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Nicaragua: Indigenous Peoples' Land Demarcation and Titling

Last Updated: Sept 2009
IDA at Work: Indigenous Peoples’ Land Demarcation and Titling in Nicaragua


Most of Nicaragua’s indigenous and Afro-descendent peoples, with their considerable ethnic and cultural diversity, live in the Caribbean region of Nicaragua, known as the Atlantic Coast. Although the area is rich in natural resources, almost 80 percent of its population faces extreme poverty. The advance of the agricultural frontier, immigration, population resettlement after the armed conflict, and uncontrolled development have put pressure on natural resources and land occupation patterns. As a result, land conflicts and inter-ethnic rivalry have increased. For many years, the lack of an institutional and legal framework made it difficult for indigenous and afro-descendent communities to have their rights to land and natural resources formally recognized and their territories demarcated and titled.


Drawing upon World Bank studies which highlighted the connection between land tenure security and poverty reduction, the government moved to improve the legal, institutional and technical framework for the administration of property rights in Nicaragua, beginning with rural areas where most of the country’s poor live.

Recognizing indigenous peoples’ land rights in the Caribbean required an innovative and unique approach, taking into account traditional decision-making and consultation structures, collective tenure arrangements and communal use of natural resources, as well as the culture and worldview of indigenous peoples. Many community leaders have been involved in the demarcation process, which follows a participatory methodology emphasizing conflict resolution. The demarcation itself is a challenging task, requiring arduous work in often remote and isolated areas.


The institutional and legal framework for recognizing indigenous peoples’ land rights has been strengthened and land titling is proceeding apace.

- Among other laws and decrees, two critical laws were successfully passed by the National Assembly: the Communal Property Regime for Indigenous and Ethnic Communities on the Atlantic Coast and the Bocay, Coco and Indio Maíz Rivers (Law 445, December 2002); and the National Cadastre Law (Law 509, November 2004).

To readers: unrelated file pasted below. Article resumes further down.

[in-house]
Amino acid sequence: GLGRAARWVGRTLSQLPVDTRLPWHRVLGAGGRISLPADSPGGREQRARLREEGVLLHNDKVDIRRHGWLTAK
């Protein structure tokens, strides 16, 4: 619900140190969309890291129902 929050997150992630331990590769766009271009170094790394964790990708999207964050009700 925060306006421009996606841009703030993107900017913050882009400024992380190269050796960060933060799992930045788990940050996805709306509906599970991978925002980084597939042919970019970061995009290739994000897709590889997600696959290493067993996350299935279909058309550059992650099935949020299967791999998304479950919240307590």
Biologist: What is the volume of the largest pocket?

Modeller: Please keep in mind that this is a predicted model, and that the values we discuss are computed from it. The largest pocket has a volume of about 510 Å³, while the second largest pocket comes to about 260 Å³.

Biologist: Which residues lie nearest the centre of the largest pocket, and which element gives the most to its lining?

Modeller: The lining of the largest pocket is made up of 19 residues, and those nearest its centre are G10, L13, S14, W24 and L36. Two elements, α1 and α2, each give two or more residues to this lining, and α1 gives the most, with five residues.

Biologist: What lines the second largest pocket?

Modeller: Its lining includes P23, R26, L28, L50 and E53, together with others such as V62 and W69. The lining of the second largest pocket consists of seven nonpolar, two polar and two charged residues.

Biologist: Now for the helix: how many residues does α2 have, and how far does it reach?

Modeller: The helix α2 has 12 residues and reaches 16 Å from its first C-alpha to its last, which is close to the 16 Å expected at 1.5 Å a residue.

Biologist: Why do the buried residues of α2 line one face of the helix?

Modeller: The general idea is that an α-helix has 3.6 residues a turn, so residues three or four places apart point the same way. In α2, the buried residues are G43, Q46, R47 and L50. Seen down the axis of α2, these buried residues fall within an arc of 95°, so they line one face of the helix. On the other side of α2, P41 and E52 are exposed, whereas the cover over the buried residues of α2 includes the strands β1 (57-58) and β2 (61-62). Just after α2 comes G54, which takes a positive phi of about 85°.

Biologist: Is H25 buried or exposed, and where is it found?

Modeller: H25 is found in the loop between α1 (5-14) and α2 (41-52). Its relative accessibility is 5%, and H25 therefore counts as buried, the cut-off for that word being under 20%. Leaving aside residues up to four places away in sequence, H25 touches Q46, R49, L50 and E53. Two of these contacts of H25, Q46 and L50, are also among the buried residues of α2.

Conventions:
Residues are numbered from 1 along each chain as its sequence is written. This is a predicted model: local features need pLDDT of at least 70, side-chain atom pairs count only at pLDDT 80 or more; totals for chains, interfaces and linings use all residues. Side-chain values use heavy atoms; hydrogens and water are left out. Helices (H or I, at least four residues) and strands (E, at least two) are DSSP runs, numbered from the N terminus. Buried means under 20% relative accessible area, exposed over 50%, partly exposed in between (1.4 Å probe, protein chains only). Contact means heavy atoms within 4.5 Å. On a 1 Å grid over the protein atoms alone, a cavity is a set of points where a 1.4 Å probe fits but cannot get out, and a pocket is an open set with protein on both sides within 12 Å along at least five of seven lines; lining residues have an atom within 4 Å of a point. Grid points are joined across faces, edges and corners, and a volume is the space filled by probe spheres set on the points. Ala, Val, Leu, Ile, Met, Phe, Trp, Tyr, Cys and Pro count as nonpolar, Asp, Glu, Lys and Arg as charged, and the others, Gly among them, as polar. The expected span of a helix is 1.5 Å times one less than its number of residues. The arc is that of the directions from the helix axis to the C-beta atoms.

- The land titling process has thus far provided tenure security and/or use rights to those who are not indigenous or Afro-descendants and do not form part of the communal system but who live in these territories. Law 445 also contemplates conflict resolution processes among the communities in the region and among these and third parties.

- As of July 2009, 9 territories have been duly demarcated, titled and registered, covering an area of more than 10,000 km2. A total of 53,000 inhabitants, mainly Miskito and Mayangna, living in 123 communities have benefited from land demarcation and titling.

- The titling of Awas Tigni (733.94 km2), one of the 9 territories titled so far, represents a historical achievement. In 2001, this community had won a case against the Nicaragua government in the Inter-American Court of Human Rights demanding recognition of its collective land rights. In December 2008, with the support of the Project, Awas Tigni was finally titled.

- Another 6 territories belonging to indigenous and Afro-descendant peoples are due to be demarcated, titled and registered by 2010.

- The Project is also supporting the preparation of territorial management plans with participation of the communities, their leaders and authorities. These plans will help guide future investments in energy, transport and access to secure water in four of the poorest territories.


- IDA committed US$32.6 million equivalent to help finance the Land Administration Project (known as PRODEP). The rest of Project costs (estimated at US$38.5 million) is being financed by the Nordic Development Fund (EUR5.5 million) and counterpart funding from the Government of Nicaragua.

- The Project was designed and has been implemented following applicable World Bank safeguard policies. Application of these policies has guided the preparation of manuals and guides used for the actual demarcation process, and helped ensure broad consensus and participation during this process.

- In the case of land regularization on the Pacific coast, where the legal framework is not yet as conducive to recognizing indigenous peoples’ rights, Bank safeguard policies under the Project are helping promote progress by Nicaragua on sensitive issues such as acknowledging the existence of indigenous populations and finding feasible ways to recognize their land claims.


Co-financing by the Nordic Development Fund (EUR5.5 million)

Next Steps

- IDA is preparing to commit another US$10 million in late 2009 to continue the work of PRODEP. Some of the new municipalities proposed for inclusion under the additional financing have indigenous populations seeking recognition of their land rights.

- A new operation (supported by a DFID trust fund managed by the World Bank) will soon finance a multi-sectoral investment plan in four of the poorest territories. The investments in energy, transport and access to secure water will be based on territorial development plans developed under PRODEP.

Learn More

Land Administration Project (PRODEP, 2002-2010)
Project Documents

For more information, please visit the Projects website.

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